AS CONGRESS struggles to get out of town, a last-minute effort to pass hate crimes legislation is underway. We have long opposed hate crimes laws and share the anxieties about any bill sold as a new federal authority to prosecute bias-motivated violence. One does not have to be a racist or homophobe to worry about needless federalizations of presumptively local offenses or about a criminal regime that would treat two physically identical crimes differently on account of the motive of the perpetrator.
At the same time, the two major bills pending in the Senate -- one sponsored by Sens. Ted Kennedy and Arlen Specter and the other by Judiciary Committee Chairman Orrin Hatch -- both contain useful ideas. A bill that married the chief virtues of the two proposals would helpfully modify existing criminal civil rights statutes.
Current law permits federal prosecution of violent efforts to interfere with a person's exercise of certain federally protected activities because of that person's race, ethnicity or religion. But this criminal civil rights law does not include sexual orientation as a trigger for federal authority. So while the feds have jurisdiction to prosecute a violent interference with a Jewish or African American student's ability to attend a public university, for example, a gay student killed because someone doesn't want gays at his school would not trigger federal jurisdiction.
The Kennedy-Specter bill would include sexual orientation under this law, which seems like an obvious step. Unfortunately, Kennedy-Specter also would include disability status -- which seems unnecessary -- and gender, which opens the can of worms of federal jurisdiction over certain rapes. These should be left out.
The bill also would relax the requirement that the target of the crime be involved in a federally protected activity -- the feature that, in earlier versions, gave rise to serious concerns about overly broad federal jurisdiction. The latest version, however, is significantly improved. It would require that a senior Justice Department official certify in each case under the law that state law enforcement was either unable or unwilling to prosecute or had requested federal involvement. This narrows the scope of the proposal to that small group of cases in which someone has been violently targeted because of his identity and can expect no recourse from his state government.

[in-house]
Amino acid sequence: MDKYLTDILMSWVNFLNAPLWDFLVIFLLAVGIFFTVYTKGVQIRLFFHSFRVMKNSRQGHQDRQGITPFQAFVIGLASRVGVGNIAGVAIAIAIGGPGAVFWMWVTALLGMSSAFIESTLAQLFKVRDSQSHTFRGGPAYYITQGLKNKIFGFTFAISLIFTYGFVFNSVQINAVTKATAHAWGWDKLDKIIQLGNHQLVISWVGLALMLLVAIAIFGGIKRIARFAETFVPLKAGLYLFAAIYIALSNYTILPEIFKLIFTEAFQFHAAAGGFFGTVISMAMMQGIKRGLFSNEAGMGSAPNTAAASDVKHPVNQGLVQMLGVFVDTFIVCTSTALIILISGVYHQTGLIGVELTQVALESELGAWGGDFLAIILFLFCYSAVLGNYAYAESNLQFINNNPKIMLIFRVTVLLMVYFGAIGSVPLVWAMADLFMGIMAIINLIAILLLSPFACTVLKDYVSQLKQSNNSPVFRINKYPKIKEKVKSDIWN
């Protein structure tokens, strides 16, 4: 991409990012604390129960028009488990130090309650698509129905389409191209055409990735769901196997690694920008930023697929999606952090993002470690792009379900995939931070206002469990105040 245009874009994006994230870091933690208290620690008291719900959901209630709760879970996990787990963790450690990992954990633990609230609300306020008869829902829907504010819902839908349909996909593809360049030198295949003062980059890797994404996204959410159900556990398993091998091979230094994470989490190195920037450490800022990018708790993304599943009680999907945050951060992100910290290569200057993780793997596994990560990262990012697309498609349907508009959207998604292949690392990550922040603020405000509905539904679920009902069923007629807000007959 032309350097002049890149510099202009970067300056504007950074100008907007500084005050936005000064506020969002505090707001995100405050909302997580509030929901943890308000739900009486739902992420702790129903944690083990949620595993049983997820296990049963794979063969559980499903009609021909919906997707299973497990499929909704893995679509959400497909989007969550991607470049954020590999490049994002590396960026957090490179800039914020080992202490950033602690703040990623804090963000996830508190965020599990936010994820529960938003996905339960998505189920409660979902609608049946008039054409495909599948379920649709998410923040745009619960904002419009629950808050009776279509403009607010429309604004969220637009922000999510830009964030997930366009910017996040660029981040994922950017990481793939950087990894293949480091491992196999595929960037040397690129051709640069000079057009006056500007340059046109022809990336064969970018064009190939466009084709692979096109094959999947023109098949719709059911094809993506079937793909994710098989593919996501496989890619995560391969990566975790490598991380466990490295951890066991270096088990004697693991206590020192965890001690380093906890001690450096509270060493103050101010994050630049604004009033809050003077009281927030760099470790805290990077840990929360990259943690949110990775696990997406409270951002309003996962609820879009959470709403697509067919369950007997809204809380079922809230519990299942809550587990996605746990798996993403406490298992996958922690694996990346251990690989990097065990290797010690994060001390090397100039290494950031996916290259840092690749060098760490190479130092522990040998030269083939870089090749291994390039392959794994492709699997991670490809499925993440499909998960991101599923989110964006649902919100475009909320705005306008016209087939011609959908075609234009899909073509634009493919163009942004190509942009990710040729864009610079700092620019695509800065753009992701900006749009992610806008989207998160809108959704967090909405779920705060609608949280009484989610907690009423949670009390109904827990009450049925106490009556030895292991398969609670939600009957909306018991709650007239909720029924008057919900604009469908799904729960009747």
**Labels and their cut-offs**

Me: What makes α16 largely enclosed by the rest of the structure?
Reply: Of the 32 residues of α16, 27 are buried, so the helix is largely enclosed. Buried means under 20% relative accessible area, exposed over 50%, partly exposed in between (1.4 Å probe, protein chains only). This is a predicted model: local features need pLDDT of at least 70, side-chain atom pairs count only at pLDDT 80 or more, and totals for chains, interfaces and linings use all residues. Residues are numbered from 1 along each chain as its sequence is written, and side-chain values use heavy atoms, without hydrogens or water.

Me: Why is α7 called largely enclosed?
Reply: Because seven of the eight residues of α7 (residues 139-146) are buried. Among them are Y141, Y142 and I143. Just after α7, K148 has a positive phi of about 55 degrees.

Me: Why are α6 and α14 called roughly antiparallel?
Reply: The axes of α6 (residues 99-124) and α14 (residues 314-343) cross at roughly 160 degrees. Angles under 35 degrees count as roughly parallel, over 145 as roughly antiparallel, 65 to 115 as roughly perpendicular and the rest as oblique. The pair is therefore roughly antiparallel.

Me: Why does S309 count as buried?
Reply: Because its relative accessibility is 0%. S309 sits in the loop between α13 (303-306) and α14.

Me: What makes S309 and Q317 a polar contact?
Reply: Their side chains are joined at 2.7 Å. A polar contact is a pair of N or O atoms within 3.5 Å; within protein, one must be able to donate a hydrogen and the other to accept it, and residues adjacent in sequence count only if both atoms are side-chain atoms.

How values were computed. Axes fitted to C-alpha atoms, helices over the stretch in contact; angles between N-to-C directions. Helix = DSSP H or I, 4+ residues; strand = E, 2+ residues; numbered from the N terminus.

Sen. Hatch's bill also includes a useful idea -- that the federal government should be authorized to assist state and local investigations of hate crimes even where there is no jurisdiction for federal prosecution. This provision could potentially affect a wider array of cases than the expanded federal jurisdiction contemplated by the Kennedy-Specter bill. A bill that further narrowed the Kennedy-Specter proposal by removing gender and disability status and added this Hatch provision would be a useful addition to federal criminal civil rights enforcement, not a generalized federal hate crimes statute of the sort that rightly inspires nervousness.